This Monday, August 12th at 6pm the city will host a rent stabilization workshop specifically for tenants. RSO program staff will provide an overview of the rent stabilization ordinance amendments and discuss next steps in the policy process. But tenants need more than a high-level overview; we need help with our problems. Save the date and join us at City Hall with your own tough questions for city rent stabilization officials!
This summer the city will host a third round of RSO workshops starting this Monday. The schedule as posted on the RSO website:
RSO Basics and Updates for Renters: August 12, 2019
RSO Basics and Updates for Housing Providers: September 12, 2019
Rent Adjustment Application / Mills Act: October 10, 2019
Annual Registration: November 7, 2019
Workshops are held in the City Hall Municipal Gallery at 455 N Rexford Drive from 6PM to 8PM. Please call (310) 285–1031 or email email@example.com to RSVP.
A Workshop with a Difference
This round of rent stabilization workshops kicks-off with a crucial difference: we tenants get our own session separate from that provided to landlords. That is an important difference for a few reasons. First, tenants and landlords may have many mutual concerns but they diverge when it comes to protecting our interests under the law. Rent stabilization staff should respond to our concerns without having to walk a neutrality tightrope.
Second, tenants will have have specific questions about the rent stabilization ordinance and city processes that affect us. (Landlords will have different questions.) By extension, tenants are better able to identify areas where the rent stabilization ordinance should be improved, and where city processes could better serve tenants. That should be our own conversation with city officials.
Finally, a rent stabilization workshop should be about tenant empowerment. An educated and informed tenant is an empowered tenant. That means understanding tenancy law (and its limitations) so we can protect our own interests. Moreover, we want to encourage every tenant to participate and we don’t need tenants fearful of speaking up if the landlord is in the room.
We pushed for a separate session and thankfully the city agreed. Monday’s workshop is ‘RSO basics.’ Let’s hope it is eventually followed by an ‘RSO advanced’ workshop (as in West Hollywood).
What’s on the Workshop Agenda?
The rent stabilization office has not described the format for this workshop. Based on prior workshops we can expect a dry PowerPoint presentation followed by a Q&A. Earlier workshops saw Community Preservation (aka code enforcement) take the lead. That wasn’t entirely successful. And understandably so: enforcement of the municipal code is a responsibility that is wholly different from a mission to educate and empower tenants. The prior workshops delivered a message about what tenant’s can’t do.
This time we expect that RSO program director Helen Morales will deliver a presentation that suggests what tenants can do to protect our rights.
The city also declined to make available some topics that will be covered. As this is an ‘RSO Basics and Updates for Renters’ workshop, we expect at a minimum an overview of the rent stabilization ordinance and a preview of ordinance amendments. (As Renters Alliance previously noted, the new Rent Stabilization Commission will be discussing ordinance amendments, so that’s your spoiler right there!)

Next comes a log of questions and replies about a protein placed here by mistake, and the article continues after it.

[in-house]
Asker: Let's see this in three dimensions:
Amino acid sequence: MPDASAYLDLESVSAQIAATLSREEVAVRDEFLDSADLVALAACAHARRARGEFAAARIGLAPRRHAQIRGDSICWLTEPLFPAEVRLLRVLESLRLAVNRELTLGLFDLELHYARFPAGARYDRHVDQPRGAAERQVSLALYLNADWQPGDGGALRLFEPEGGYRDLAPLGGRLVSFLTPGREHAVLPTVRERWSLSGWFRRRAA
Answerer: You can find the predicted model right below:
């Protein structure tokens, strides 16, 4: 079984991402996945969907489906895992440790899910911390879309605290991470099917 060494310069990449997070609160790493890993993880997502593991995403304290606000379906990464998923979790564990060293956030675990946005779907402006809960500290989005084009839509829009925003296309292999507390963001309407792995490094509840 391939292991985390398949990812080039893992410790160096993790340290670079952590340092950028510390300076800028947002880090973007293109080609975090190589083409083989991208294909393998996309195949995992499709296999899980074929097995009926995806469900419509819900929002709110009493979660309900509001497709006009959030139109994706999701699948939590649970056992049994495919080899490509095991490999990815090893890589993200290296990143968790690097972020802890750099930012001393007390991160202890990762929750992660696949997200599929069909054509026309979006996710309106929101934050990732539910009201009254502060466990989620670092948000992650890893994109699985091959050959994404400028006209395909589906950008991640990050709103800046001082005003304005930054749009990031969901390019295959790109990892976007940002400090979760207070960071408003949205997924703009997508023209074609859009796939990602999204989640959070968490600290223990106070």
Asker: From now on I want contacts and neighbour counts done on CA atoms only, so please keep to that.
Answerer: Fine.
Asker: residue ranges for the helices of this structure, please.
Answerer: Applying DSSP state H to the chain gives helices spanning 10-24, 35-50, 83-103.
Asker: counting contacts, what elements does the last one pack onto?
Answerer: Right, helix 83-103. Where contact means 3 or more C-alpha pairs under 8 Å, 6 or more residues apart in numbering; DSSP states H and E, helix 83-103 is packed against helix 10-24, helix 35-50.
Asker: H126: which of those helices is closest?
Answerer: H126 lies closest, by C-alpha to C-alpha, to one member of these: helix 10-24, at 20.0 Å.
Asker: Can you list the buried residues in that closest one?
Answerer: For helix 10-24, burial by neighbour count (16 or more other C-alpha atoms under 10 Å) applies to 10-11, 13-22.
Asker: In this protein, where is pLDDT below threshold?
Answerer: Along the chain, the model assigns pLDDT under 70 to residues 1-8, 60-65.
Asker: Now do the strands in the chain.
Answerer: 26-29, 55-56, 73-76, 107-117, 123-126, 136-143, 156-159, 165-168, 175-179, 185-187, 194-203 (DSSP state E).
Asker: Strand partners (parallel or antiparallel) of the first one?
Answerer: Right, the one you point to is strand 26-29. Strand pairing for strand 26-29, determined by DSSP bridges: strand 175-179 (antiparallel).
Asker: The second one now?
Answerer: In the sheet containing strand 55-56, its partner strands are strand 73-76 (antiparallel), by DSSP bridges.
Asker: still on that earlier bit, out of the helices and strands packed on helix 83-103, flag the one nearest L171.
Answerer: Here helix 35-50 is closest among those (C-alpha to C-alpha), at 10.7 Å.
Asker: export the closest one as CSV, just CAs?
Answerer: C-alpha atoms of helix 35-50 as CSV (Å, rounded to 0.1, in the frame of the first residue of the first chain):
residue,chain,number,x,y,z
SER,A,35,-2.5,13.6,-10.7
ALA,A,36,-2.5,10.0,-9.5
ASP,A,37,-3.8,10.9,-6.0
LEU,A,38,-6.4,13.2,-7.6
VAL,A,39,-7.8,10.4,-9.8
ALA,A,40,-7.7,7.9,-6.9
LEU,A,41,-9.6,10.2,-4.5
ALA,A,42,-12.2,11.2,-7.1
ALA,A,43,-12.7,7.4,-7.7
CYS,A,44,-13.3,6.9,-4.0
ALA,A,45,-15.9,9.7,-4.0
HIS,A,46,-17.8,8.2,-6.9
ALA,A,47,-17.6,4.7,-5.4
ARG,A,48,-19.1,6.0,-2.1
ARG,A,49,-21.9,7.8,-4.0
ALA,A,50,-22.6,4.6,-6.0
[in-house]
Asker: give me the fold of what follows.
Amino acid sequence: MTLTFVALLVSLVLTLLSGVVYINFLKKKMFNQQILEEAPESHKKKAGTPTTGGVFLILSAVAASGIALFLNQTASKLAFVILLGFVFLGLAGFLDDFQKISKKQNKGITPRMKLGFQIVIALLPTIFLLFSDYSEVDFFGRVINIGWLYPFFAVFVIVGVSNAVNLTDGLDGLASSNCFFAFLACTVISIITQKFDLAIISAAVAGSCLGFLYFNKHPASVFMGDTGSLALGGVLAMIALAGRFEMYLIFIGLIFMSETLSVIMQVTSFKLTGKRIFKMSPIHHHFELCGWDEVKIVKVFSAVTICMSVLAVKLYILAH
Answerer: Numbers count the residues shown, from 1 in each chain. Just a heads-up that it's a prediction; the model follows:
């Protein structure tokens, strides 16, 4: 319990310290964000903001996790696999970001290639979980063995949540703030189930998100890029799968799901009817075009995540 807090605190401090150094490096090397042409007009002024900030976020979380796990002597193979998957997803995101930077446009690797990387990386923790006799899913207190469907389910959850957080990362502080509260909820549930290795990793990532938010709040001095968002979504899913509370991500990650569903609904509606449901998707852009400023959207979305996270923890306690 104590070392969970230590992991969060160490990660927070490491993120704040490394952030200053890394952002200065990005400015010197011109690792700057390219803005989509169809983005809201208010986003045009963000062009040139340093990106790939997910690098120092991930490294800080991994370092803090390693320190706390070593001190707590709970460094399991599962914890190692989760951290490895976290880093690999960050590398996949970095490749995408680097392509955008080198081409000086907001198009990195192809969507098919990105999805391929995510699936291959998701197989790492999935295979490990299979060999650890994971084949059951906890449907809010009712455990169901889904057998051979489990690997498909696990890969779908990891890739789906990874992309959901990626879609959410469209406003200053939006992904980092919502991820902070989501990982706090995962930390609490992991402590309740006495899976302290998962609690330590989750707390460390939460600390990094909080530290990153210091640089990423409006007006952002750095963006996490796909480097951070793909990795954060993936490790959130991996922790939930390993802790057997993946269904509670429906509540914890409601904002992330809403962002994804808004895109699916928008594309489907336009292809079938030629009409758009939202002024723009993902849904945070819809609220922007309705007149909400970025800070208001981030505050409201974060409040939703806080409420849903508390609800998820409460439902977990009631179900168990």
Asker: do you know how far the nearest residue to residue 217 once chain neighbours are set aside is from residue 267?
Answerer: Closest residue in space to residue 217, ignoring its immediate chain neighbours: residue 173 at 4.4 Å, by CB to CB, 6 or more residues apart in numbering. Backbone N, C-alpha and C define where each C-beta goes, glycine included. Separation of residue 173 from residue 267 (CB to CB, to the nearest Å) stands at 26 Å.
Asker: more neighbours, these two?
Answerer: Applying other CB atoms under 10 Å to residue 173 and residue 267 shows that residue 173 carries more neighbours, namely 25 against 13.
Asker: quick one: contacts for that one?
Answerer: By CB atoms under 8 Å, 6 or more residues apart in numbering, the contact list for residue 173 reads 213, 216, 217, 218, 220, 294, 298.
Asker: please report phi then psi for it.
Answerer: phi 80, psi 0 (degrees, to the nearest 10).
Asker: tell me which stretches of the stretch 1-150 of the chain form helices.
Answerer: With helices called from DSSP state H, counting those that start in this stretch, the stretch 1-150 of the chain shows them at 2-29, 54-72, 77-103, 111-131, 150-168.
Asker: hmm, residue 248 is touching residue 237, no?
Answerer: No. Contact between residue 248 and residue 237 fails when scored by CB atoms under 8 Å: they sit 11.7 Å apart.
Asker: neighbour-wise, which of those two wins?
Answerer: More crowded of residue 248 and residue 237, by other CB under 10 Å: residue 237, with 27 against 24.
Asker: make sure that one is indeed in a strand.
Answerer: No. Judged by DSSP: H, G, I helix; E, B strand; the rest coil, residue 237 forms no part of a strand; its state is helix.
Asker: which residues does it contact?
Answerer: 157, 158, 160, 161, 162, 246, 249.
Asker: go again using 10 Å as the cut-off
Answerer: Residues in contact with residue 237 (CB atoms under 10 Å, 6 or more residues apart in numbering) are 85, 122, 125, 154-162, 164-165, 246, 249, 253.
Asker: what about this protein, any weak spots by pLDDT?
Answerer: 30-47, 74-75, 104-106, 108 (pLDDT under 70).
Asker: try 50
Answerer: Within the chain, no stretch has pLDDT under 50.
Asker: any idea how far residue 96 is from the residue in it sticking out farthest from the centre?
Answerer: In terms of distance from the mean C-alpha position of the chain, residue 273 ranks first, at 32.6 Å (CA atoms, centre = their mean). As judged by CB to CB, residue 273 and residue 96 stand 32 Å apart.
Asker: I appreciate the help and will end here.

The value to tenants from a separate workshop is that we get clear answers for our pressing problems. That means more than an overview, which the city could accomplish simply by (finally) updating the Rights and Responsibilities booklet and handing it out. Instead we are looking for a substantive discussion about key tenant concerns like:
- What to do when the landlord fails to make necessary repairs or refuses to repair appliances;
- What to do when the landlord unlawfully deducts from, or fails to return, the security deposit;
- What do do if the landlord wants to undertake a major remodeling;
- What to do when the landlord comes calling with a ‘cash for keys’ buyout offer; and,
- What to do when a tenant suspects mold or some other toxin is compromising her health.
The latter is especially important given our city’s older, less well maintained stock. Water damage and cosmetic repairs allows mold to fester. Yet the city will not assist a tenant in testing for mold; nor will the city even inspect for it. (We discuss those challenges and more in Mold in the Unit: It’s Complicated!)
Now maybe those are topics for an advanced workshop. But there is no advanced workshop on the calendar! Let us not let-off staff easy with a simple PowerPoint presentation. Much more can be done to communicate effectively with tenants and we hope that this workshop establishes a template. On that note, the workshops could use a catchier name and logo. We would also like to see more meat on the bones in the office’s next RSO update (read the RSO update for July 2019).
Please join us for the first Beverly Hills ‘RSO Basics and Updates for Renters’ workshop on Monday August 12th and come prepared with issues you face as a tenant in rental housing in Beverly Hills.